State Coordinated Chronic Disease Program Leads and Chronic Disease Program Directors:
Welcome to the Coordinated Chronic Disease Prevention and Health Promotion Program (CCDP) weekly update featuring news, tools, and resources that may be useful for your state-based chronic disease prevention and health promotion efforts.
Should you have any questions about the update, please feel free to contact me using the information located at the end of the update. Enjoy!
Coordinated Chronic Disease Prevention
and Health Promotion Program
Features highlighted in this update include:
·Robert Wood Johnson Foundation: 2012 County Health Rankings
·Report Release: Primary Care and Public Health: Exploring Integration to Improve Population Health
·Communities Creating Healthy Environments (CCHE): 2012 Online Discussion Series
·The Roots of Health Inequity: A Web-Based Course for the Public Health Workforce
·Tobacco Regulation Awareness, Communication, and Education Program
·Tobacco Free Press: March Edition Available
·2012 Surgeon General’s Report
·Tips From Former Smokers Campaign
·Developing an Effective Evaluation Plan: Setting the Course for Effective Program Evaluation
·MMWR: State Cigarette Excise Taxes---United States, 2010-2011
Nutrition, Physical Activity, and Obesity:
·Weight of the Nation
·CDC’s WHO Growth Chart Training: Available Online
·Best Fed Beginnings
·Let’s Move: Salad Bars in Schools Bring Fresh New Tastes to School Lunch Counters
Information You Can Use Newsletter: March Edition Available
2009 County Level Estimates Available
·Report to the Nation Finds Continuing Declines in Cancer Death Rates Since the Early 1990s
ROBERT WOOD JOHNSON FOUNDATION COUNTY HEALTH RANKINGS
More than 3,000 counties and the District of Columbia can compare how healthy their residents are and how long they live with the 2012 County Health Rankings, an annual check-up that highlights the healthiest and least healthy counties in every state. Released today atwww.countyhealthrankings.org by the University of Wisconsin Population Health Institute and the Robert Wood Johnson Foundation, the Rankings assess the overall health of nearly every county in all 50 states based on key factors that influence health, such as education rates, income levels, and access to healthy foods and medical care. This year’s Rankings include several new measures, such as how many fast-food restaurants are in a county and levels of physical inactivity among residents. Graphs illustrating premature death trends over 10 years are new as well. Also new this year, the County Health Roadmaps will help counties to mobilize and take action to create healthier places to live, learn, work and play. Finally, today marks the release of the call for applications for the Roadmaps to Health Prize that recognizes the efforts and accomplishments of communities in the U.S. working at the forefront of better health for all residents.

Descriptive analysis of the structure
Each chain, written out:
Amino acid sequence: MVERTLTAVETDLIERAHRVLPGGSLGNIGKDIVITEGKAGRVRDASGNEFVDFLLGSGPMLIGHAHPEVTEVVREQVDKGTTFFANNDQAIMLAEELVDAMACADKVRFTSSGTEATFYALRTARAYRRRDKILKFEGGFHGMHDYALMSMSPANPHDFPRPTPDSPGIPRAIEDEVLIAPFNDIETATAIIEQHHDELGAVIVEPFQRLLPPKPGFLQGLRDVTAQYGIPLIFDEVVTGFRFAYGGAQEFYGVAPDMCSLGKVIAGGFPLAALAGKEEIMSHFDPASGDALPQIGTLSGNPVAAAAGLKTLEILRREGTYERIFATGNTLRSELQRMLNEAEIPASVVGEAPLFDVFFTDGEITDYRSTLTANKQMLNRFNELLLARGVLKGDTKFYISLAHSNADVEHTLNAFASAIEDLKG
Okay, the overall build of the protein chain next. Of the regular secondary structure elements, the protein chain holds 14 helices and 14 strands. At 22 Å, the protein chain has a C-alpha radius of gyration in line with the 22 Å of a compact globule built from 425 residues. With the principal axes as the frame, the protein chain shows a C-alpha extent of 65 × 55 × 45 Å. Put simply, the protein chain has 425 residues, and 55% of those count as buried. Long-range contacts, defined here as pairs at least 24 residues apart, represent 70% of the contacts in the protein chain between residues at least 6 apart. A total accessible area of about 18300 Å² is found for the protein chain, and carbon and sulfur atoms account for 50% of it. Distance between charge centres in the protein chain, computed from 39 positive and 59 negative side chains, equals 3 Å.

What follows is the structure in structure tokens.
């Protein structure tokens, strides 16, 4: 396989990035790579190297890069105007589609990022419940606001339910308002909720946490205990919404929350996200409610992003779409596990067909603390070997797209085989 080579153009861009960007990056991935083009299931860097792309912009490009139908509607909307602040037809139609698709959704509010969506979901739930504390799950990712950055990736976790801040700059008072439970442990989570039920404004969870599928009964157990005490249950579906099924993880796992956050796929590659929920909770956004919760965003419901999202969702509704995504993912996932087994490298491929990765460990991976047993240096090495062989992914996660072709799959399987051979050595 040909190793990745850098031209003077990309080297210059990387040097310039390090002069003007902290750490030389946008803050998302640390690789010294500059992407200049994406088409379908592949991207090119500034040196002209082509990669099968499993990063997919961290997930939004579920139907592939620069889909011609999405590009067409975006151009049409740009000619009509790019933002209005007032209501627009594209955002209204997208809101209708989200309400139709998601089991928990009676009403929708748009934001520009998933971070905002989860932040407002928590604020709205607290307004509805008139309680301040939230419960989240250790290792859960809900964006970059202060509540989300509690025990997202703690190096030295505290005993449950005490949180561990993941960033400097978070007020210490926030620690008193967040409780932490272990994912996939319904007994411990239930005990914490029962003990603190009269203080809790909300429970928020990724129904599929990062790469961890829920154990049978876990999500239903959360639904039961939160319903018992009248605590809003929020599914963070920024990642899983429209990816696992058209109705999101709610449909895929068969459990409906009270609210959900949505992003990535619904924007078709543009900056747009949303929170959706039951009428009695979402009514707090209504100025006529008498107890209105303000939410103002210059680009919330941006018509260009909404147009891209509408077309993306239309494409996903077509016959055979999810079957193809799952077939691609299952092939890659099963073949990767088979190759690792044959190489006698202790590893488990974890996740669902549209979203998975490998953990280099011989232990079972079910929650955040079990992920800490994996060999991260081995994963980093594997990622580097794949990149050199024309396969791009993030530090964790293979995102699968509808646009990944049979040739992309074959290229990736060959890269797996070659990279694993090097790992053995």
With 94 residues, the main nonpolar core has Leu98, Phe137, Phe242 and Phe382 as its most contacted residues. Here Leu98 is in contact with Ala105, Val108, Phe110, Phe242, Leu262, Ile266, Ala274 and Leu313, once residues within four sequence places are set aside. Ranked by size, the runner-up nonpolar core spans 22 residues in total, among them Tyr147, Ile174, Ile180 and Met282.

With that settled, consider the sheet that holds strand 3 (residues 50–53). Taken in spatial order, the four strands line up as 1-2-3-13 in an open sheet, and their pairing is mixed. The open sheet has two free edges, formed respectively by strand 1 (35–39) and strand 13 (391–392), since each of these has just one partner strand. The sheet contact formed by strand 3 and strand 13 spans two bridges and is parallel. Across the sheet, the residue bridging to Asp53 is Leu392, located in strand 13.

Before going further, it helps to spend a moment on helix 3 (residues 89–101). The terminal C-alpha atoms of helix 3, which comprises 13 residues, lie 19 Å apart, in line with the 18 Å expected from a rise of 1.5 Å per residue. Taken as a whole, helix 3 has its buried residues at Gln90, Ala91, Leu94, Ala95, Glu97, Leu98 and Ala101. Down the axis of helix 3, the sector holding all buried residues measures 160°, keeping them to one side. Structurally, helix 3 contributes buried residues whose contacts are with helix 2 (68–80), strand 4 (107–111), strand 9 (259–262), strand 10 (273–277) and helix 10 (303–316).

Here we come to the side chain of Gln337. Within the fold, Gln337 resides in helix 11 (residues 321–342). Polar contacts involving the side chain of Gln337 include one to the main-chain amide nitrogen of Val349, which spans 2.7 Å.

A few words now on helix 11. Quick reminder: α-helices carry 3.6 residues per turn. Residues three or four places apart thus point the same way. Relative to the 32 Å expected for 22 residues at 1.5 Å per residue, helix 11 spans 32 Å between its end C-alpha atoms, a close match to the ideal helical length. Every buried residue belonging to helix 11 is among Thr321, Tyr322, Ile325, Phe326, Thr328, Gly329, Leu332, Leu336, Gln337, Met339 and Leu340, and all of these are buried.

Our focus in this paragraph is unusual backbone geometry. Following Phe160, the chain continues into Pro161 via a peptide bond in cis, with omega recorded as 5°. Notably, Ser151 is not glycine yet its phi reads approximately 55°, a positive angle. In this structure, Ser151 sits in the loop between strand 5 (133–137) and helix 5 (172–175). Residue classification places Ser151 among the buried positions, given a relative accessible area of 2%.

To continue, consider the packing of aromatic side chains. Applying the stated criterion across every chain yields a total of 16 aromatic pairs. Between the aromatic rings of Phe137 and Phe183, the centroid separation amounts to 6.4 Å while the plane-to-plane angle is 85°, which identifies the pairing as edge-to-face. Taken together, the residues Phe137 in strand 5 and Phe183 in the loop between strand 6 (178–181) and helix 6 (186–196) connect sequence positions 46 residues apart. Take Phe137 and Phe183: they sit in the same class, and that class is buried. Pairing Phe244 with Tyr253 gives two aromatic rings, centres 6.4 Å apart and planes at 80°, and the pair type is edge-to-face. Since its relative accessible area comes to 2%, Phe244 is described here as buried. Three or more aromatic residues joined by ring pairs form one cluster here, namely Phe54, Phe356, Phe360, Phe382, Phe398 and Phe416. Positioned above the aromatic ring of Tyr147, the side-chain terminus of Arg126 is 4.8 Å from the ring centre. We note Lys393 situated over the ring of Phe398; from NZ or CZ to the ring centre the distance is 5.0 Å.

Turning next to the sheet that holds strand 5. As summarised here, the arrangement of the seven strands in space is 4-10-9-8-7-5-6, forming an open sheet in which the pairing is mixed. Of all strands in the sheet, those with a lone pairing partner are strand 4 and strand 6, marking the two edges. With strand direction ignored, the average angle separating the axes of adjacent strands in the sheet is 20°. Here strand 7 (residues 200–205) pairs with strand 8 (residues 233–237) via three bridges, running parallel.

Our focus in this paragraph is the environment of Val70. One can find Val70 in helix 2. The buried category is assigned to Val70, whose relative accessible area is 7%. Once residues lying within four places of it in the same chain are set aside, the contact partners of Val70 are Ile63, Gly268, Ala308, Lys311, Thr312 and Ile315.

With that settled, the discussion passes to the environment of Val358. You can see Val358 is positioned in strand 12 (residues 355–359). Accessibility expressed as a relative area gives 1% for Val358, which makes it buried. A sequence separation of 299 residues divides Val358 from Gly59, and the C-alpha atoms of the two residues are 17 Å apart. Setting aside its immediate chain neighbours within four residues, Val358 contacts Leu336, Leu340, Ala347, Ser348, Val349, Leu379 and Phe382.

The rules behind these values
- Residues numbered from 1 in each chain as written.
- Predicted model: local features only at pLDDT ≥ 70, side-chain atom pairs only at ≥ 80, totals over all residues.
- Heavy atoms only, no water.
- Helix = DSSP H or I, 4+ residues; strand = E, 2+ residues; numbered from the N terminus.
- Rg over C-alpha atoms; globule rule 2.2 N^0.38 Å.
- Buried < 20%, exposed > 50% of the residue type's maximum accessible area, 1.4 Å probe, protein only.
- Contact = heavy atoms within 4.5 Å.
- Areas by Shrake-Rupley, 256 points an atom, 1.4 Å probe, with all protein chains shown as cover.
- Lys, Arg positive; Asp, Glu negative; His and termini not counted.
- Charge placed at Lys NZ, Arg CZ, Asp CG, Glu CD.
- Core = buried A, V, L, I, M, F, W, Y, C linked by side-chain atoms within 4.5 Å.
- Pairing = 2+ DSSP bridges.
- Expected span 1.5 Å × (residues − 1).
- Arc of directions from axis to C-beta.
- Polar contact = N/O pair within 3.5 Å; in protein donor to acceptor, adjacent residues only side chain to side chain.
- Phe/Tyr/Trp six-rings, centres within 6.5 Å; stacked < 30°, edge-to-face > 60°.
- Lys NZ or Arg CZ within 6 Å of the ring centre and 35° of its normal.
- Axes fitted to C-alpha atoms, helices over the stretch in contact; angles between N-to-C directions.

REPORT RELEASE: PRIMARY CARE AND PUBLIC HEALTH: EXPLORING INTEGRATION TO IMPROVE POPULATION HEALTH
Although primary care and public health share a goal of promoting the health and well-being of all people, these two disciplines historically have operated independently of one another. Problems that stem from this separation have long been recognized, but new opportunities are emerging for bringing the sectors together in ways that will yield substantial and lasting improvements in the health of individuals, communities, and populations.
In recognition of this potential, the Centers for Disease Control and Prevention (CDC) and the Health Resources and Services Administration (HRSA), both agencies of the Department of Health and Human Services (HHS), asked the Institute of Medicine (IOM) to convene a committee of experts to examine the integration of primary care and public health. The United Health Foundation also provided support for the study.